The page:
Postcard from Zina

Adek, Zina and Henry were in the city of Łódź in Poland in 1945 and 1946. (See Henry’s description of his journey to Łódź here.)

Wikipedia says:

Until 1948 the city served as a de facto capital of Poland, since events during and after the Warsaw Uprising had thoroughly destroyed Warsaw, and most of the government and country administration resided in Łódź.

Finally, in 1947, they managed to “smuggle themselves out and into France” (quoted from a letter from Leo to his granddaughter Lara Markovitz, November 1, 1993, p. 1) Henry would remain there until September. Adek and Zina, on the other hand, arrived in the United States on February 11, 1947

The Duke University collection of Leo’s papers has correspondence from Łódź in those years, mostly in Polish, but also including the postcard shown below, written in English by Zina on September 24, 1945.

I found this quite moving: “… happy to see the first time your hand-writting [sic] after six long years.” One can only imagine.

She mentions going to see a “professor Lange” in Warsaw. This was certainly the well-known Polish economist and diplomat, Oskar Lange, whom Leo had met and studied with in Chicago in the early 40’s. Lange, by writing a glowing recommendation, played a major role in Leo obtaining his first job in the U.S.: a position as a research assistant for Paul Samuelson.* Until reading this postcard, I did not realize that Lange probably also played a role in getting Adek, Zina and Henry into the United States.

In September, 1945, Lange either was, or was soon to be, the Polish Ambassador to the U.S. According to Wikipedia: “After the war ended in 1945, Lange returned to Poland. He then renounced his American citizenship and went back to the USA in the same year as the Polish communist regime‘s first ambassador to the United States.” So he would have been in a good position to help Leo’s family emigrate to the U.S.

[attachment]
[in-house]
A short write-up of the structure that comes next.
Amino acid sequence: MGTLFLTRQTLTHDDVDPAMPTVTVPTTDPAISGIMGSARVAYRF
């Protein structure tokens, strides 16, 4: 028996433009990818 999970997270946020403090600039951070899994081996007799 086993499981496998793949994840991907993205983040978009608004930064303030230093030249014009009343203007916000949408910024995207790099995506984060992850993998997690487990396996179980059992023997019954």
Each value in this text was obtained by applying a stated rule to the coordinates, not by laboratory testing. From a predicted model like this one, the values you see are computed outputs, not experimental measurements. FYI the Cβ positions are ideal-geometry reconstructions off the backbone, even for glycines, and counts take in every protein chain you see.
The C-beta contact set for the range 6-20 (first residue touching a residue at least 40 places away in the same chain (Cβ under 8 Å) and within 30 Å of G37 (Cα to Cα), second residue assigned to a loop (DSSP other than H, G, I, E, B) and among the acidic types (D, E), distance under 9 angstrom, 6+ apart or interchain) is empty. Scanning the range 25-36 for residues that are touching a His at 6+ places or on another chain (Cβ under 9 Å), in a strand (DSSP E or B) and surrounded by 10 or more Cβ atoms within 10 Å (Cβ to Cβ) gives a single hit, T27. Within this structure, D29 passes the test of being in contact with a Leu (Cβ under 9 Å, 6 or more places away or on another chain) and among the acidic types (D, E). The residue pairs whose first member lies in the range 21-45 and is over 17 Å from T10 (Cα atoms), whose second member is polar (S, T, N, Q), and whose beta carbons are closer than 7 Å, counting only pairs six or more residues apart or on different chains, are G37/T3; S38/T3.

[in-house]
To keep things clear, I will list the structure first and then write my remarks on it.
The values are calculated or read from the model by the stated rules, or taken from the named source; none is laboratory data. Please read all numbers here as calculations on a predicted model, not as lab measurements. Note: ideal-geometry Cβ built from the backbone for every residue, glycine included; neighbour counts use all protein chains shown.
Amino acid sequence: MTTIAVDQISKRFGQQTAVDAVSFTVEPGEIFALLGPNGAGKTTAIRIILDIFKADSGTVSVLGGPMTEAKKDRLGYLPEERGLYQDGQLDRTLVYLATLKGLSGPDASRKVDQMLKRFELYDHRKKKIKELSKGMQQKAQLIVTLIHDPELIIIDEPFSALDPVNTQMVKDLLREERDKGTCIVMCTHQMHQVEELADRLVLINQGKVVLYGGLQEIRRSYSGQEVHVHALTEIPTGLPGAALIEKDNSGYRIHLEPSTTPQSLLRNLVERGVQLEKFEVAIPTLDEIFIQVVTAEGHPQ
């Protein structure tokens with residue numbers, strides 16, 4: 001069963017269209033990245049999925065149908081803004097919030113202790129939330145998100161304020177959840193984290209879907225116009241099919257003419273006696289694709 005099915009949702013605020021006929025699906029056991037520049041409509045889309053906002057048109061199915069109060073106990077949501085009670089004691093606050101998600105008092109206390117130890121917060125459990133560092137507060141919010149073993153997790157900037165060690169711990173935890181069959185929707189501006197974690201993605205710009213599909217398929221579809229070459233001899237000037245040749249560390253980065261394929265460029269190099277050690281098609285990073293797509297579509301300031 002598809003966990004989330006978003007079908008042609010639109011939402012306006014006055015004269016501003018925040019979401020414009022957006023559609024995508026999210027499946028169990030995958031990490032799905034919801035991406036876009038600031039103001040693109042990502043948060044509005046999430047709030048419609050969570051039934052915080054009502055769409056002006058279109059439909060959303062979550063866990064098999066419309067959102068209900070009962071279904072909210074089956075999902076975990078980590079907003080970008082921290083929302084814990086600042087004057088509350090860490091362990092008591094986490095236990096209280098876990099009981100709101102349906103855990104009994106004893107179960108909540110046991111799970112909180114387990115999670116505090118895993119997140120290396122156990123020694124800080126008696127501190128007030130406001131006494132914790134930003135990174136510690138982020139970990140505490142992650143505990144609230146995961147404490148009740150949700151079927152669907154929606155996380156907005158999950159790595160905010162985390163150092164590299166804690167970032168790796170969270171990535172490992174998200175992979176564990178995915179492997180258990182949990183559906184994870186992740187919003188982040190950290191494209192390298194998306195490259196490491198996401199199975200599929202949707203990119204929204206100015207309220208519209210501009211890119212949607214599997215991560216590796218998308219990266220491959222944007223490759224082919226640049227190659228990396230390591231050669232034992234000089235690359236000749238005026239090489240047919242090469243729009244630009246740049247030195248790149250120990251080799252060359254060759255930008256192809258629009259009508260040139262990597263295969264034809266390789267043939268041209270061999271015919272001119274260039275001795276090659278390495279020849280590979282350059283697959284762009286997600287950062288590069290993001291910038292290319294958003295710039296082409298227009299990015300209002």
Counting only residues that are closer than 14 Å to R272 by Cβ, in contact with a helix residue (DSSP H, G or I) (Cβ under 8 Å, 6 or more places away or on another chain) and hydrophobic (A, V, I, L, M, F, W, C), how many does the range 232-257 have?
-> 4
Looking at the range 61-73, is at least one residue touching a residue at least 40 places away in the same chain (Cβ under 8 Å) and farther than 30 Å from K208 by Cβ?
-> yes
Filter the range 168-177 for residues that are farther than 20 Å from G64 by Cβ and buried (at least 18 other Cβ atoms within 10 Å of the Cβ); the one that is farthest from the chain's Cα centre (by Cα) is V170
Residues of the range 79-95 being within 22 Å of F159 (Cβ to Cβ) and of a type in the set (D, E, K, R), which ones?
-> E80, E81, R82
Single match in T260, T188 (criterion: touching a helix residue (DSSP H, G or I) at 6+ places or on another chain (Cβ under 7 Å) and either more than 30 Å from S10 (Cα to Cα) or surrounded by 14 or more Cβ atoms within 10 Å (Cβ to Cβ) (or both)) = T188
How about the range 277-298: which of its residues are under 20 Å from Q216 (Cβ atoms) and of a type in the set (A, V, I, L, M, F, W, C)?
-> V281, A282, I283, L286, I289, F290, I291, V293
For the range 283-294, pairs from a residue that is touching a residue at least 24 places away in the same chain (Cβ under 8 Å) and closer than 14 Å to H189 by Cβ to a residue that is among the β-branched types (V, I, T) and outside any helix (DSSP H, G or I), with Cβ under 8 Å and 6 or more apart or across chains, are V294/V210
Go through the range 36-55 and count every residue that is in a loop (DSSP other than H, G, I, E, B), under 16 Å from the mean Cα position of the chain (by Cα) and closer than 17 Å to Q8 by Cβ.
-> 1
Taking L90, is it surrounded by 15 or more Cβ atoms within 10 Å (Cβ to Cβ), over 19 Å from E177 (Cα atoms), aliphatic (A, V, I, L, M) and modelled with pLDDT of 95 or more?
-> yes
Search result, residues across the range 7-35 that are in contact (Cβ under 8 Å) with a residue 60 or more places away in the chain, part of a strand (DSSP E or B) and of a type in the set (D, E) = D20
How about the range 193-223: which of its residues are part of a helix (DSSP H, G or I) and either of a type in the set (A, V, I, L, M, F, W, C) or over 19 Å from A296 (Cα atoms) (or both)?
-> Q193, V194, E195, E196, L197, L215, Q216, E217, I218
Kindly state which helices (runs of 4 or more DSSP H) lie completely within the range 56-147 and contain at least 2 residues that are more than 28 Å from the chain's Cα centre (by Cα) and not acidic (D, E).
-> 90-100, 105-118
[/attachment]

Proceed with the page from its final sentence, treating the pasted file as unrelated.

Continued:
One other thing I find interesting about this postcard is Leo’s address on South Dorchester Street. In later years, when we visited Adek in Chicago, he was living on Dorchester. (Based on Zina’s obituary, I believe the address was 5112 Dorchester.) By the time Adek and Zina came to the United States, Leo and Evelyn were already in Ames, Iowa. (Leo became an assistant professor at Iowa State University in 1946, according to the Wikipedia article on him.) So the proximity of the Chicago addresses may be coincidence. Both addresses are within 15-30 minutes walking distance from the University of Chicago. However, Adek was teaching Russian at Roosevelt University when we visited him.

* Lange wrote, “He has an excellent mind, and is in my opinion, the best of the candidates on this list. He has quite a background in mathematical statistics, and has quite extensive knowledge of analysis. Before becoming an economist he was a theoretical physicist. He also did numerical work in experimental physics. He is really one of the very best I have had among students. In addition, he needs a job very badly, because he has no income at all.” [11]

I wonder if the building shown in the pictures below is the building where they lived – as shown in the return address on the postcard.
Also, below is:
1) An entry from a list of voters in Łodż in 1946, showing Adek, Zina and Henry.
2) A 1947 phone book showing Adek.

They were now living at 28 Nawrot, no longer on Kilinskiego.

(With appreciation to historian Marcin Nowicki.)

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